In addition to its well-recognized role in bone health, more recent research has suggested vitamin D may be important in many other body tissues.  A number of studies have shown associations of low vitamin D levels with cancer, cardiovascular disease, diabetes and neurodegenerative disorders. [6, 7]  It is thought that Vitamin D may be important to brain development, to production of factors that support the health of and protect brain cells, and to chemical messenger production. [8]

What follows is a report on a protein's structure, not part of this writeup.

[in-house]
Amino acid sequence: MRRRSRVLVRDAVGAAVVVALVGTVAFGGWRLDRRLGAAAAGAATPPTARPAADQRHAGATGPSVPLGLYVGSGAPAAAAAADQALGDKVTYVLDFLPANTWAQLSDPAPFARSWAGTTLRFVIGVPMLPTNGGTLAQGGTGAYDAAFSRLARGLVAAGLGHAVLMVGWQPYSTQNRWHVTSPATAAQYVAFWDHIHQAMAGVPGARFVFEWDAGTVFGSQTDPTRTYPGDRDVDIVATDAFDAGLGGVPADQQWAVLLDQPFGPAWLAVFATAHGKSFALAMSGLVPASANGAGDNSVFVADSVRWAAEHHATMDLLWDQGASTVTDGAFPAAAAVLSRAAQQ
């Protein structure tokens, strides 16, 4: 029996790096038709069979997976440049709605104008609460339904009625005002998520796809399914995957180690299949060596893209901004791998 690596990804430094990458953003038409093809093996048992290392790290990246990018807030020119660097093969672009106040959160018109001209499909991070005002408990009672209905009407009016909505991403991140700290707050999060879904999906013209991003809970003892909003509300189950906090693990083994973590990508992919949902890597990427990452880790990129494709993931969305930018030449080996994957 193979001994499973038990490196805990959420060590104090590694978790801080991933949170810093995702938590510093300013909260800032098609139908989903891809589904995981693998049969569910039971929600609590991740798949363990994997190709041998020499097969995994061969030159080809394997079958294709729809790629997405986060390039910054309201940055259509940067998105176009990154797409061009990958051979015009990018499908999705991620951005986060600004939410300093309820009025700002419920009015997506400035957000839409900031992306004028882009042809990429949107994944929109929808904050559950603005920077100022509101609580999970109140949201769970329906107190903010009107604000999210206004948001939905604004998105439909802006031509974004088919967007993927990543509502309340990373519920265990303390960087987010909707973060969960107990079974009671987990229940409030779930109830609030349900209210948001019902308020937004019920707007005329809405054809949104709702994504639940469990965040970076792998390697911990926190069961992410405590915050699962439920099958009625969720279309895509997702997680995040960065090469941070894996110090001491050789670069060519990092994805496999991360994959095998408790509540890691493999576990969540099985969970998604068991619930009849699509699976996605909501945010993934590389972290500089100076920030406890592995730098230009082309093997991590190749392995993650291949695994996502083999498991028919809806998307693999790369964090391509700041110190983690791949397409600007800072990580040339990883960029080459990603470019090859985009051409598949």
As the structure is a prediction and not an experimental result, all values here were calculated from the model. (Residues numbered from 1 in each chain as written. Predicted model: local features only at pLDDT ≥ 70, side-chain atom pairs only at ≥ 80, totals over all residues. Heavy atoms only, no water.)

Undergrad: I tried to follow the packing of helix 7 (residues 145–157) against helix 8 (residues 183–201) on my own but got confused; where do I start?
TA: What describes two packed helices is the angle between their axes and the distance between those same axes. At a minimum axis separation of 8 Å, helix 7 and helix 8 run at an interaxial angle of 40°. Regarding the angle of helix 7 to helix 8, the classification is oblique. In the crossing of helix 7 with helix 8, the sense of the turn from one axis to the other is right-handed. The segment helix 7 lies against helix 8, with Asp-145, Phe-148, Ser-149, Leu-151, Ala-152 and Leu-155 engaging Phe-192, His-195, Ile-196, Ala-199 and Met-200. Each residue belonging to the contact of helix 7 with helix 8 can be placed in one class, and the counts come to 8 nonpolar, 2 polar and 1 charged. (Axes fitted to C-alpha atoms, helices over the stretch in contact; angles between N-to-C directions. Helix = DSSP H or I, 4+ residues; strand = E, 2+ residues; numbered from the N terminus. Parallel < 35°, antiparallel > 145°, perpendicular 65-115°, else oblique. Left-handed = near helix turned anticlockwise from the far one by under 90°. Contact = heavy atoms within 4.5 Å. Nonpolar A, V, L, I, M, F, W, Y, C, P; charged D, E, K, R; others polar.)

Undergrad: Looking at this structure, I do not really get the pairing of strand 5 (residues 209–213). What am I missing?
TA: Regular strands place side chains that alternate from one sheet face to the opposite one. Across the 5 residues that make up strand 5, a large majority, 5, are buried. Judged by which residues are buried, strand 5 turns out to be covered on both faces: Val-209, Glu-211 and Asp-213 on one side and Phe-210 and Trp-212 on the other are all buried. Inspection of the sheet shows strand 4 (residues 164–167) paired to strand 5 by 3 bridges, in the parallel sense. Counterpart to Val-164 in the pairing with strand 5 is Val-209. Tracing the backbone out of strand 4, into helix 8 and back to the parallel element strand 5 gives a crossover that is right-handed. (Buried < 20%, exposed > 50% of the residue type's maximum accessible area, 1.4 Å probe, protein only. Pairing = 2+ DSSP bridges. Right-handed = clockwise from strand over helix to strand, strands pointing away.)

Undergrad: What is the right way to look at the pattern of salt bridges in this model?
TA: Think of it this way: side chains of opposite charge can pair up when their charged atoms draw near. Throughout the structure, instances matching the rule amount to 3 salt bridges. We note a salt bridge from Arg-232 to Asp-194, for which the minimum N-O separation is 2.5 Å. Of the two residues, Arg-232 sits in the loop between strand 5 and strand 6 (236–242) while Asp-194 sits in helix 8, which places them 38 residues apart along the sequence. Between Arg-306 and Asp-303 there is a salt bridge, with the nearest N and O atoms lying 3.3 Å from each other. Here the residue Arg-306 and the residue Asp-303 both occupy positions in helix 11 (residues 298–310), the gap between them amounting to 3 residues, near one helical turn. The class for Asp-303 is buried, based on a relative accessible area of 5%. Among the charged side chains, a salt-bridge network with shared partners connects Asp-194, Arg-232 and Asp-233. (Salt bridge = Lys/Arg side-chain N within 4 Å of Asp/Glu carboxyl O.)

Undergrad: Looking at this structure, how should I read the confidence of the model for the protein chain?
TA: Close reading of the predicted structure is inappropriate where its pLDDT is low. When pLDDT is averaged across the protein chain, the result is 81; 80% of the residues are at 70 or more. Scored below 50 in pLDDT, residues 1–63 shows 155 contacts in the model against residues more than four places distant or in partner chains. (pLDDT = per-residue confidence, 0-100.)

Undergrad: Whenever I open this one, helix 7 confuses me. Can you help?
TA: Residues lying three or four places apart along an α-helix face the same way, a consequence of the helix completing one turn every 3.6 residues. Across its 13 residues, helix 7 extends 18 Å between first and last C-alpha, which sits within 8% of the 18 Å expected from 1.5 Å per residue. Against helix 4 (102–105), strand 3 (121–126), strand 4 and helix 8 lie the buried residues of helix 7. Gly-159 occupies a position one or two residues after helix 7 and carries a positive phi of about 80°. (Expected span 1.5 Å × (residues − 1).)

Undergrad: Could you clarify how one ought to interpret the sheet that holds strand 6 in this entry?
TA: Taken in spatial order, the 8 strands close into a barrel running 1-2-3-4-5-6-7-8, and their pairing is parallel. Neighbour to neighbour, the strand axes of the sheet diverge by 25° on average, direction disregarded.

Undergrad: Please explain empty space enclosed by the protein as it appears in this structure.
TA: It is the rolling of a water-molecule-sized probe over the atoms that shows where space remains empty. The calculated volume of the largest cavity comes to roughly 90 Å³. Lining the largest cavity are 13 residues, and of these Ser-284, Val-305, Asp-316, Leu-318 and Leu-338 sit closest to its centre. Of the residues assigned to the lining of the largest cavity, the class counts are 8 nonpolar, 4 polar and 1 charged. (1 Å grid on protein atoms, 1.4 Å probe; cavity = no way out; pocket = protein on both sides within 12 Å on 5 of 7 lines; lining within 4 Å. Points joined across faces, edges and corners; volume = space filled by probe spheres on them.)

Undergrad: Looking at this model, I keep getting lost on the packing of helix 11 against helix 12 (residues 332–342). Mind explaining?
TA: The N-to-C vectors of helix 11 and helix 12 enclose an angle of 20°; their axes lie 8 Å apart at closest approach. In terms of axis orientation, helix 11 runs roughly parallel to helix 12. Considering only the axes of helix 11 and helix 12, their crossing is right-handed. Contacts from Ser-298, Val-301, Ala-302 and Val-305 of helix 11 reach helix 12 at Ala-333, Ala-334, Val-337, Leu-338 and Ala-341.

Several lines of evidence point to a possible role of Vitamin D in PD.  Studies of brain tissue show that receptors for vitamin D are widely distributed in brain areas affected by PD, suggesting an important role in normal function. [9] Some animal studies show protective effects of vitamin D against toxin-induced parkinsonism, the most widely used animal model of PD.  [10, 11]  Human studies suggest that differences in the genes that control vitamin D receptors may influence the risk of developing PD. [12] One Finnish study in healthy people suggested that those who developed PD over 29 years follow-up were more likely to have had low vitamin D levels at baseline than those that remained healthy.  In this study, people with the highest level of vitamin D developed PD only one-third as often as those with the lowest levels. [13] Several studies in people with PD have shown that 55-85 percent are vitamin D insufficient and 23 percent are vitamin D deficient.  [5,14] In addition, PD subjects, especially those who are vitamin D insufficient tend to have low bone mineral density and increased risk of bone fracture. [15] While such studies are intriguing, they fall short of proving that low vitamin D causes or directly contributes to the cause of PD, or that vitamin D supplementation will reduce the risk of PD or influence its progression.  These studies document an association of two findings (in this case low vitamin D and PD), but such this co-existence is not proof of causation.  One alternative explanation for such an association is that people with PD (even those very early in the development of the disease) get outside less frequently, thus have reduced sun exposure, resulting in low vitamin D.  Another possible explanation is that both low vitamin D and PD relate to a common underlying factor, yet to be defined.  In order to conclude that vitamin D deficiency is integral to the development or progression of PD, one would need to demonstrate that supplementation with the vitamin altered disease risk or progression, and convincing data do not yet exist.  There is only one published study comparing vitamin D to placebo (inactive tablets) in PD.  This study was small, but suggested that fewer vitamin D than placebo research subjects showed progression of disability over one year. [16] While interesting, such a finding requires replication in a larger group of people with Parkinson’s disease before any recommendations can be made.